Friday Box Office Analysis

By Kim Hollis

December 7, 2019

If Sexy Olaf isn't already a costume...

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Welcome to The Void, the post-Thanksgiving weekend when nothing of note is released for box office consumption, and everyone is still apparently sleeping off their turkey hangover.

The only new wide release of the weekend is PLAYMOBIL, a French animated film based on the toys by the German company. I guess that the company thought they'd like to get some of that LEGO-type money by creating a movie franchise of their own. Trouble is, PLAYMOBIL isn't a hugely recognizable name, particularly not in North America. And even though sometimes family films can sneak some money just by virtue of being one of the only things available for that target demographic, Frozen II is worth seeing multiple times instead of seeing this once.

With all that said, PLAYMOBIL earned just $167,000 from 2,337 venues. It's pretty much a disaster for distributor STX Entertainment, who are only getting a cut of the North American earnings. Honestly, they would have been far, far better off had this one just gone straight to video. I feel pretty confident that the advertising budget alone will cost more than what this will make in its theatrical run. Look for $450,000 for the weekend and let's just not ever speak of it again. Makes even the worst LEGO movie look pretty special, doesn't it?

Also theoretically new this weekend was the IMAX-only release The Aeronauts. I suspect it didn't capture many screens, as exhibitioners probably used those screens for other films, including a Fathom Events showing of Gremlins. So, we're really not seeing any box office reported, and it will hit Amazon on December 20th. I'm pretty excited for this one, because I love love love airships, Eddie Redmayne, and Felicity Jones.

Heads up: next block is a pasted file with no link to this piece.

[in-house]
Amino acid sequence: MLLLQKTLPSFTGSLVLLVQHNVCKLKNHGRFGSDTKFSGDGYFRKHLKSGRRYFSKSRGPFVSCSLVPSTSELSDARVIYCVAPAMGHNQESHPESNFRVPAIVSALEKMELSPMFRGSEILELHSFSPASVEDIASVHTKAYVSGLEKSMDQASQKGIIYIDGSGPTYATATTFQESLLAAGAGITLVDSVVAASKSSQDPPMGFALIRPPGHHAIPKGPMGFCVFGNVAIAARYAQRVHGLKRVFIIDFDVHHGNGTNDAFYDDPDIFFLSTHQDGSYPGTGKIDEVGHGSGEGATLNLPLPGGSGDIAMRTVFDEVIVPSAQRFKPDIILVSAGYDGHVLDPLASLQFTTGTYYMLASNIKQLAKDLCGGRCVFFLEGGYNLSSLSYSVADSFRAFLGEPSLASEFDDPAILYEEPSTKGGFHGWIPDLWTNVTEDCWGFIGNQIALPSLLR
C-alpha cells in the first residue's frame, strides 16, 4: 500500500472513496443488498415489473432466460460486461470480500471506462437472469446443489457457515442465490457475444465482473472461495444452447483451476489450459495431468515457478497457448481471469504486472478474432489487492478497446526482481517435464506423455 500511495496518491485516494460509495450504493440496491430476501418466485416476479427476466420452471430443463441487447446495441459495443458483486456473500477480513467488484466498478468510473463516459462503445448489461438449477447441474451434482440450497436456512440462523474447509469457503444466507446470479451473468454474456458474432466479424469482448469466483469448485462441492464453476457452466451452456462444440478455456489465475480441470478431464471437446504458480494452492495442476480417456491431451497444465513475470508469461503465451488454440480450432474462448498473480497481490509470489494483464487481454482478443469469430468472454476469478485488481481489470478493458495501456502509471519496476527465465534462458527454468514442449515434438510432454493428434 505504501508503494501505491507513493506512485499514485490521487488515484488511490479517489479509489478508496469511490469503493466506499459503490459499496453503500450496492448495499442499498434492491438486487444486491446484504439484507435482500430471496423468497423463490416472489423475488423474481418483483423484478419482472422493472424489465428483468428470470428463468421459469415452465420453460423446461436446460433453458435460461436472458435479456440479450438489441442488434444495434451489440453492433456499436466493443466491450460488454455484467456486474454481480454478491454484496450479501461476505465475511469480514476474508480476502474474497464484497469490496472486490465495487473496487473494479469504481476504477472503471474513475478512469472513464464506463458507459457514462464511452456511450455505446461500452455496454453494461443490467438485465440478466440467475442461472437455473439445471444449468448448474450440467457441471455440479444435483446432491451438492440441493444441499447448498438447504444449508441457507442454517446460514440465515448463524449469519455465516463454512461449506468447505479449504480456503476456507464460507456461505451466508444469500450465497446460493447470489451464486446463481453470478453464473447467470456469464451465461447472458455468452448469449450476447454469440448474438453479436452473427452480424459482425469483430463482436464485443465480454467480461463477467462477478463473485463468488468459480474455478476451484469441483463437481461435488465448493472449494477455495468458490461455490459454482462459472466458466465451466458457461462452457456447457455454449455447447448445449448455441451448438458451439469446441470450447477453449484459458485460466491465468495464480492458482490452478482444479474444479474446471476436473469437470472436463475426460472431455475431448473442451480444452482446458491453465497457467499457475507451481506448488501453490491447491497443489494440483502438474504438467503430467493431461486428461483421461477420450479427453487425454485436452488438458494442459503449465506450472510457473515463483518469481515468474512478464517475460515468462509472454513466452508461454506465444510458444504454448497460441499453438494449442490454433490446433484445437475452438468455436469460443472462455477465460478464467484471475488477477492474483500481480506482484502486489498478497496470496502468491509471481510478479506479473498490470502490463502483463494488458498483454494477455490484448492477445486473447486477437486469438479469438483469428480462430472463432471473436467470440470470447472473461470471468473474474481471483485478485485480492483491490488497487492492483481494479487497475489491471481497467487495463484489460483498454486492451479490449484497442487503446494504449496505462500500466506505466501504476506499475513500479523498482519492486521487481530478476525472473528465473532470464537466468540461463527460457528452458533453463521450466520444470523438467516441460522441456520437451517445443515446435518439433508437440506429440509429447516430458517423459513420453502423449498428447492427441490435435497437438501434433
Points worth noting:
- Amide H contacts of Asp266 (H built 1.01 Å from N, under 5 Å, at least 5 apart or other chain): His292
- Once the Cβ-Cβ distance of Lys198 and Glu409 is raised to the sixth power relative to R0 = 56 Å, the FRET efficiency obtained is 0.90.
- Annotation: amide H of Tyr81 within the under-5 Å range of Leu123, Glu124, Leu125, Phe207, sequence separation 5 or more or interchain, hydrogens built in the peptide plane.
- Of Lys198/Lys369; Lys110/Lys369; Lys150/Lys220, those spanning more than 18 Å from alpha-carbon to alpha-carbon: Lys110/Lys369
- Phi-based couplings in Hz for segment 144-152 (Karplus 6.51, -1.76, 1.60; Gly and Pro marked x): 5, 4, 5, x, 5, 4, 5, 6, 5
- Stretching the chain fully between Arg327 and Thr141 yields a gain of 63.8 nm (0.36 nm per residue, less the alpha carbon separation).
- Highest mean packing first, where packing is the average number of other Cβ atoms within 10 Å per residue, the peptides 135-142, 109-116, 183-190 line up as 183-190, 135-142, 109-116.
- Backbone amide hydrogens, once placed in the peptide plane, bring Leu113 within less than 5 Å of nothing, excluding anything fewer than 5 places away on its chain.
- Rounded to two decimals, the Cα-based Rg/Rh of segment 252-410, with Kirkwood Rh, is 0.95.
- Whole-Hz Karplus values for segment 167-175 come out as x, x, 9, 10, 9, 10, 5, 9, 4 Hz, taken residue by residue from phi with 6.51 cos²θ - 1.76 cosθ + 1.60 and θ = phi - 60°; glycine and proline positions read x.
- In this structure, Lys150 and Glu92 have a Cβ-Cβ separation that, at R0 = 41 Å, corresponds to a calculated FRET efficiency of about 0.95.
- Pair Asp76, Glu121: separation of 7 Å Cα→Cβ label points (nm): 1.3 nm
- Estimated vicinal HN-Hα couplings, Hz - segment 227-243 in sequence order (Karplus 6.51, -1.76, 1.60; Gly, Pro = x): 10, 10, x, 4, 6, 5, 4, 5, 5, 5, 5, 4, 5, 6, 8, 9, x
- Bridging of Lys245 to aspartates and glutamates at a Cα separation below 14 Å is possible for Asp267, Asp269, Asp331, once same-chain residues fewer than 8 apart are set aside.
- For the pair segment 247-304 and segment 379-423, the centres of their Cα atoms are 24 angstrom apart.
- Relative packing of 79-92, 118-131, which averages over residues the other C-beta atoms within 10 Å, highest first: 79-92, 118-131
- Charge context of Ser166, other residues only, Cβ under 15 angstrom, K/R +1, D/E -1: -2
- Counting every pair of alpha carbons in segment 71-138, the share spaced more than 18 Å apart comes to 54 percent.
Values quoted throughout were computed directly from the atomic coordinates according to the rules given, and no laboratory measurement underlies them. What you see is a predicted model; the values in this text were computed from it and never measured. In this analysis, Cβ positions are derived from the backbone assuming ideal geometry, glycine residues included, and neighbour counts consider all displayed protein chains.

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So, what that means is that Frozen II will once again be the top movie of the weekend. It was down 77 percent from last Friday, but keep in mind that it was Black Friday when the majority of the United States was on holiday and enjoying family time. It will recover a lot this weekend, and should finish with about $37 million. As I always mention, Disney almost always underestimates, though they have little reason to do so here.

One noteworthy expansion for the weekend is Dark Waters from Focus Features, a historical drama featuring Mark Ruffalo and directed by Todd Haynes. I'm a big fan of Ruffalo and lukewarm on Haynes, but a $1.4 million performance yesterday at least gets Ruffalo into the conversation for Best Actor at the Academy Awards. He'll likely be on the outside looking in, but at least a $4 million tally isn't too terrible for a film with such dreary subject matter.

Thank goodness that this year's calendar configuration doesn't give us two weekends of The Void, as we suffered through that anomaly in 2018.


     


 
 

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